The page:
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Neil Squire Society executive director Gary Birch (left), Don Danbrook (right), and fellow innovators meet to test the invention. (Photo: Raymond Kam)

Innovation allows people with disabilities to fly drones

High-tech drone controller opens doors to more career options for specially abled folks

By Rashika Srivastava , in Technology , on November 20, 2019

A team of  Vancouver tech innovators has developed a new controller that will help people with upper-body disabilities fly drones for the first time. 

The model uses a mouth-operated controller to fly a drone, instead of the handheld controller consumers currently use.

The idea was inspired by Don Danbrook, a Vancouver-based real estate agent, who wanted to use drone shots of commercial properties for multimedia marketing. But due to his upper-body disability, Danbrook is unable to use his hands to operate a drone controller.

Danbrook brought his concerns to Chad Leaman, the director of innovations at the Neil Squire Society, a non-profit organization that has worked on disability research and innovation since 1984.

“I have been associated with Neil Squire and Chad for long now. They are always there to help,” said Danbrook.

Leaman proposed Danbrook’s request as a challenge at the Health & Regenerative Medicine Hackathon held at UBC in October 2019. 


Shawn He, a mechanical engineering graduate from University of McGill, talks about his team’s journey of winning the Health & Regenerative Medicine Hackathon 2019.


A team of five innovators, led by Shawn He, came up with a solution within two weeks. The team developed a model that connects a drone’s controller to LipSync, a mouth-operated cursor device that researchers at Neil Squire had previously created.

The team’s experimental model allows a person without use of hands to operate a regular drone that performs pitch, roll, and yaw motions seamlessly.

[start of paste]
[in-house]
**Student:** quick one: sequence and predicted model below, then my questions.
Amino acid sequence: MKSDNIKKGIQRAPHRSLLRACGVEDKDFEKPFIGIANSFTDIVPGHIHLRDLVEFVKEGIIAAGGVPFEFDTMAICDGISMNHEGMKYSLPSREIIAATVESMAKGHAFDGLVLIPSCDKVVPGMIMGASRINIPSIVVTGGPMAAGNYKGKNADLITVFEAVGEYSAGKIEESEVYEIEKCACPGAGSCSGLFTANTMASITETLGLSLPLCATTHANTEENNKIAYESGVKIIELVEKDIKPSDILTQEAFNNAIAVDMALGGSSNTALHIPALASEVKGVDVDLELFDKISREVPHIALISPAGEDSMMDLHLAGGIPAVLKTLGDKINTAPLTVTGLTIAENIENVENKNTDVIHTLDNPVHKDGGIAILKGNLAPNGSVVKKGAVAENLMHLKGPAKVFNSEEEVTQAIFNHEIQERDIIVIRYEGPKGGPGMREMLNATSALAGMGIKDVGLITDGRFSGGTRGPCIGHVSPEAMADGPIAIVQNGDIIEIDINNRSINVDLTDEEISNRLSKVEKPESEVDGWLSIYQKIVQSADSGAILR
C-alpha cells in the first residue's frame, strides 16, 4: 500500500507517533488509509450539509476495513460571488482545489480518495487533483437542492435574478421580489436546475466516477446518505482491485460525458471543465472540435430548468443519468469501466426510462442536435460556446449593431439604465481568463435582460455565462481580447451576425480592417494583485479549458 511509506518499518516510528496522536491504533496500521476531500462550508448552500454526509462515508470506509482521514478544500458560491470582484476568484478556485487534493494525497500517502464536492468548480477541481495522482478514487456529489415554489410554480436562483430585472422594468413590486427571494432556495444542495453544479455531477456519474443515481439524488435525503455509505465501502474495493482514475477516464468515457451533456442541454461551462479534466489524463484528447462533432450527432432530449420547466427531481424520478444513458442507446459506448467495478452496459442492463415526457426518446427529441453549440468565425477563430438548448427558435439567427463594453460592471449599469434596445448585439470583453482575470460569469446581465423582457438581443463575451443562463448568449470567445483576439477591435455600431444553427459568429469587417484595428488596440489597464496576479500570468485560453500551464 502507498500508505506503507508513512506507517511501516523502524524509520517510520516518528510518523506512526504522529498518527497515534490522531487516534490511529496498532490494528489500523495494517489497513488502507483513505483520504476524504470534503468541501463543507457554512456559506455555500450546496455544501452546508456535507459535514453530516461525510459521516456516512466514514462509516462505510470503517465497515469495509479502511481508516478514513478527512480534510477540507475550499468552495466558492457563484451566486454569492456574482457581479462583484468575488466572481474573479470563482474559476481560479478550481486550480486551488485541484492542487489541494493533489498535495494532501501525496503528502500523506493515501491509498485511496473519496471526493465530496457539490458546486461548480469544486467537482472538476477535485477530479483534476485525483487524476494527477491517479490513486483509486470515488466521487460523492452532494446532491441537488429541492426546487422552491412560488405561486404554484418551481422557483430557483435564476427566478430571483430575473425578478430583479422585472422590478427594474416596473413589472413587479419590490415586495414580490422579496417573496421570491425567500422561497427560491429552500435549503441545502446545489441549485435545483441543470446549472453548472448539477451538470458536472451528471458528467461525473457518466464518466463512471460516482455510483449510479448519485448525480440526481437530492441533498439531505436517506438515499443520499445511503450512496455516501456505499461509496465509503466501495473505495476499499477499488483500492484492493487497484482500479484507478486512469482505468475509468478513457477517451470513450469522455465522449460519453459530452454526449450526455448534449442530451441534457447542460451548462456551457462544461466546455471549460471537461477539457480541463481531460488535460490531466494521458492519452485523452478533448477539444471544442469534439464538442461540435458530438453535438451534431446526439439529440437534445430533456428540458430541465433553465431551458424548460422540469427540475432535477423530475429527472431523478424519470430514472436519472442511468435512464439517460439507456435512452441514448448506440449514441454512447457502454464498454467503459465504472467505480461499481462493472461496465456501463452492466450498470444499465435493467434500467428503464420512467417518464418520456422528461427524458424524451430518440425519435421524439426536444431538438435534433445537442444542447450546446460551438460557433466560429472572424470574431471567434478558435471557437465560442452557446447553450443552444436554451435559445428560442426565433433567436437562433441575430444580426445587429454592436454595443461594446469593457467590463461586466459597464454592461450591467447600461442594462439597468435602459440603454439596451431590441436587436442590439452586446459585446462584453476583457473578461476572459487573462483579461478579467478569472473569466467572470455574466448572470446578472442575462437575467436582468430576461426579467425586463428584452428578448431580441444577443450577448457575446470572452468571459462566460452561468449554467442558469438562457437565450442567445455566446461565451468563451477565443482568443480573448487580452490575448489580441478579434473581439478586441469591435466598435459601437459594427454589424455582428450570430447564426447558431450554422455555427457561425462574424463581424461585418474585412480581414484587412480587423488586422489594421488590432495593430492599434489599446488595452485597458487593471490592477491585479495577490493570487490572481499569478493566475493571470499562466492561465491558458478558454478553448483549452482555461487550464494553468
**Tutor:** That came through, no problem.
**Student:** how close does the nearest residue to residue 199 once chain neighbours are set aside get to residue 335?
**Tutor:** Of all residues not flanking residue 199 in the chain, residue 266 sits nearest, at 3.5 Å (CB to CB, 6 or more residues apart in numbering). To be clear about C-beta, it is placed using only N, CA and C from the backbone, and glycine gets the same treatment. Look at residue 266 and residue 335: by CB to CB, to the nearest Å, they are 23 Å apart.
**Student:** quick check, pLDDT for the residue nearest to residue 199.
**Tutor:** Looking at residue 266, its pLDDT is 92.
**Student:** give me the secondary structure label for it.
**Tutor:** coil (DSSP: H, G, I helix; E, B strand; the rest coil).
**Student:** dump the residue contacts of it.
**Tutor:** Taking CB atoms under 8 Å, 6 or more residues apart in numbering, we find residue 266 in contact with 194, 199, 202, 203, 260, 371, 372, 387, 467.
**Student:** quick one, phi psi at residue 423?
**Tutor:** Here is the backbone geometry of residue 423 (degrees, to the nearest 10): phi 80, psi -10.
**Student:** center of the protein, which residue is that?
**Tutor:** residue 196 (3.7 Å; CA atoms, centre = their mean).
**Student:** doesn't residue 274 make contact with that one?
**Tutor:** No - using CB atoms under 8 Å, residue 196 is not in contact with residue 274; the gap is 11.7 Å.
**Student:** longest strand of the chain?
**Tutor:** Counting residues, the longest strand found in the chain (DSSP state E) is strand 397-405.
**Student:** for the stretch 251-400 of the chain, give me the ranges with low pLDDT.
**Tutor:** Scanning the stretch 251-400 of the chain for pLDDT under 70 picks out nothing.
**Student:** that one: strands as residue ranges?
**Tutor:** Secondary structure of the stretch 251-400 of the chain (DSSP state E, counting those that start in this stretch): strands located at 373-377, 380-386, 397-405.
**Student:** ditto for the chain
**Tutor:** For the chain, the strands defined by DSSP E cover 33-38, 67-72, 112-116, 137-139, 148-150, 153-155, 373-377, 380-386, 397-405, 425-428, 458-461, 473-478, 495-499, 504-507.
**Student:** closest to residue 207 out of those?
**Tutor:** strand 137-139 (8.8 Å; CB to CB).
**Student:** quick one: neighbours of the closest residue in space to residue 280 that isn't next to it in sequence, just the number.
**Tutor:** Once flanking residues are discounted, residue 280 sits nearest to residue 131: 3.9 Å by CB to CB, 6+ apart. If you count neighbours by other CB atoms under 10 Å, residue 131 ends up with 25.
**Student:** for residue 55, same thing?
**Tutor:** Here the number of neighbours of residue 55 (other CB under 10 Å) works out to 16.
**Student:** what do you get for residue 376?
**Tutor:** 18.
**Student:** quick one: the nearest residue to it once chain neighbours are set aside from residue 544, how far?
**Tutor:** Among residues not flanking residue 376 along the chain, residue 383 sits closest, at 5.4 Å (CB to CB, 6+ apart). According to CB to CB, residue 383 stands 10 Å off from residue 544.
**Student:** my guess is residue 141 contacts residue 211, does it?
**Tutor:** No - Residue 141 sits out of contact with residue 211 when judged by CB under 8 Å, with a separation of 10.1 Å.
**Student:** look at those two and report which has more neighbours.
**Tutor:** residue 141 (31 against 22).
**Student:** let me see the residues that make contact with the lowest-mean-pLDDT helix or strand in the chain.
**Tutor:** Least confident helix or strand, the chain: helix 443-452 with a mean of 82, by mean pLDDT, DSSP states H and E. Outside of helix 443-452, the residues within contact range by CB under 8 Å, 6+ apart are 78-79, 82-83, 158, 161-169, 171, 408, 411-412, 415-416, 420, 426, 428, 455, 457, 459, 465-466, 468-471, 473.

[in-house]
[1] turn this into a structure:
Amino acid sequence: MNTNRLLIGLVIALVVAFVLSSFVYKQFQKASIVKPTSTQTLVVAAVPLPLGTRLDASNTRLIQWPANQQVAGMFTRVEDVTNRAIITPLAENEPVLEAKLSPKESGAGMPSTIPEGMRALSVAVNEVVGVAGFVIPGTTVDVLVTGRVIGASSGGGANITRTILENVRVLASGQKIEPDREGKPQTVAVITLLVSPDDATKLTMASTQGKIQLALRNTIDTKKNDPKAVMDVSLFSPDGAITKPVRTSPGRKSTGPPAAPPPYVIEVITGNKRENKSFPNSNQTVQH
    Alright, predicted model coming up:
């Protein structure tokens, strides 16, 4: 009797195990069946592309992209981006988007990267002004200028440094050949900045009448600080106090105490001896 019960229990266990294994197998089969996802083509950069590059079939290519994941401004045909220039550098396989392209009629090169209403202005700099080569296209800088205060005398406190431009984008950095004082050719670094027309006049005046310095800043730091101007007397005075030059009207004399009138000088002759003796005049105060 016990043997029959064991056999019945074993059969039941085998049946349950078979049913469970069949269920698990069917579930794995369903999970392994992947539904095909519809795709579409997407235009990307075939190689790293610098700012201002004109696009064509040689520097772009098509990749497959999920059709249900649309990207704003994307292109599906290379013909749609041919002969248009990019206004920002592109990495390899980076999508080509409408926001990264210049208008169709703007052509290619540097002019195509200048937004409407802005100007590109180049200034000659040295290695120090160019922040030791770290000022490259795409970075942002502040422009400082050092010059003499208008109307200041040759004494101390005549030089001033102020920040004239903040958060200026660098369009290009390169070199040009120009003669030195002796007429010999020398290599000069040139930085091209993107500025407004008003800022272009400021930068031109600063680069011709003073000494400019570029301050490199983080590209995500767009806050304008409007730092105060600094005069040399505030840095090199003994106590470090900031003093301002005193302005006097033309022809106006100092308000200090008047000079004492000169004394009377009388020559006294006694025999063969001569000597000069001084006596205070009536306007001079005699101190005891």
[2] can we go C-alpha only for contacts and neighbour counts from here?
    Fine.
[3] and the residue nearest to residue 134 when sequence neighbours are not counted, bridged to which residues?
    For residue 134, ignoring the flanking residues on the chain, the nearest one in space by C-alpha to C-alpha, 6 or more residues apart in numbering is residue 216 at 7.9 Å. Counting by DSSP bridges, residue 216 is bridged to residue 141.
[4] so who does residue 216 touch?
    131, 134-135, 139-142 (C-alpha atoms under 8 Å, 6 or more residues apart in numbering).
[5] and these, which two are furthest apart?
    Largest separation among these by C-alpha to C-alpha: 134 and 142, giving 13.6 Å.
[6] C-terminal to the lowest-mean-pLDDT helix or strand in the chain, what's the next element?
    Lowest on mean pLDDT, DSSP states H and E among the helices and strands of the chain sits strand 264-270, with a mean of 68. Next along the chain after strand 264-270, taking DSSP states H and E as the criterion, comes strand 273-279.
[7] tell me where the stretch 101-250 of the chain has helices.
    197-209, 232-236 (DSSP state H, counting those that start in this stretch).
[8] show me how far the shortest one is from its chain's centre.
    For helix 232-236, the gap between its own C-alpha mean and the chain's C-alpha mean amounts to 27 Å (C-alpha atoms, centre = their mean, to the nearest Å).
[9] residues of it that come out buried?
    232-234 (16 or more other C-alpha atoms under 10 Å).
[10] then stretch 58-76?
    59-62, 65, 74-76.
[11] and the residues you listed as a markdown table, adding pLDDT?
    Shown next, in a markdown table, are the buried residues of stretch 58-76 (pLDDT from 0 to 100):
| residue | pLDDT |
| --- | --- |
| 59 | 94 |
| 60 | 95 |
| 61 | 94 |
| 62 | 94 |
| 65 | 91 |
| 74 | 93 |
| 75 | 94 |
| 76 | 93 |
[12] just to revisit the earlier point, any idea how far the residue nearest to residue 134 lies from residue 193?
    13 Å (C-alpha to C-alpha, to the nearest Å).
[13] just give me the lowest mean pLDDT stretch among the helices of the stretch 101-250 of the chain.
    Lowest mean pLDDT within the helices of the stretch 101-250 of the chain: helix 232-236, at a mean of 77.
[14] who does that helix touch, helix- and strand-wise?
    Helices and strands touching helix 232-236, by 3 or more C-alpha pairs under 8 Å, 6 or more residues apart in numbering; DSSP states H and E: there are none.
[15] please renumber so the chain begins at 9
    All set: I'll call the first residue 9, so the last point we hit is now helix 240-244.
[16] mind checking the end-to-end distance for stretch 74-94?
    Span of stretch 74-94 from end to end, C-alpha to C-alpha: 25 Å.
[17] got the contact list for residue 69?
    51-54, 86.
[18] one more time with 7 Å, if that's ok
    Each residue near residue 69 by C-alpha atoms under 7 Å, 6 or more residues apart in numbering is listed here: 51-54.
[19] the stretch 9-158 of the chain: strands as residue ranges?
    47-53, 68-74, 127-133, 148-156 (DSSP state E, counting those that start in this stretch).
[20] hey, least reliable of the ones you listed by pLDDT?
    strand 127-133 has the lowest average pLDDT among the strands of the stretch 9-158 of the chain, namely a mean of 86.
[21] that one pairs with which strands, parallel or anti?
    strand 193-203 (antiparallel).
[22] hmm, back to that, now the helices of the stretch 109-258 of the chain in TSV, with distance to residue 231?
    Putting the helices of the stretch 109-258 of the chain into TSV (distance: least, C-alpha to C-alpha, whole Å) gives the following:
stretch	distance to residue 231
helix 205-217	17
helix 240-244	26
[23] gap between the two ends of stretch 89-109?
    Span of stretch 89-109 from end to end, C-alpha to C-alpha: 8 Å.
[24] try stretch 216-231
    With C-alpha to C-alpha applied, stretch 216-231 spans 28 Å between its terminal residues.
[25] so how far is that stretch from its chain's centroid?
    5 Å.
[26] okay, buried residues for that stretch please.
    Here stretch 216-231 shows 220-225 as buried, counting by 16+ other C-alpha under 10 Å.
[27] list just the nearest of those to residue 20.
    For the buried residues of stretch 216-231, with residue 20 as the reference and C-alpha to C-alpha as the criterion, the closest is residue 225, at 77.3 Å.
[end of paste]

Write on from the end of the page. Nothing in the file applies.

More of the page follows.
When Danbrook was invited to test the device, he was able to fly a drone with ease. The model was presented to the judges at the hackathon and it came in first place .

“The task was challenging but when [Danbrook] flew the drone for the first time and praised our work, we were really happy,” He said.

UBC Enable will now fine-tune the model 

A handful of undergraduate engineering students are now working on refining the prototype for commercialization. Josh Jessup and Josh French are leading this group under UBC Enable, a student team that works on technological advances for people with disabilities.

Josh Jessup and Josh French talk about their project with UBC Enable in UBC’s Applied Sciences building.

“My dad is on a wheelchair, so I can understand how difficult it can be for people in such situations to continue doing day-to-day things that we take for granted,” said Jessup.

Apart from minimizing the cost, the team wants to set up a strong control system that would help mitigate the effects of harsh weather on the device.

Having worked on multiple projects for people with disabilities in the past, now they are all set to work with Leaman and Danbrook to make the project a commercial success.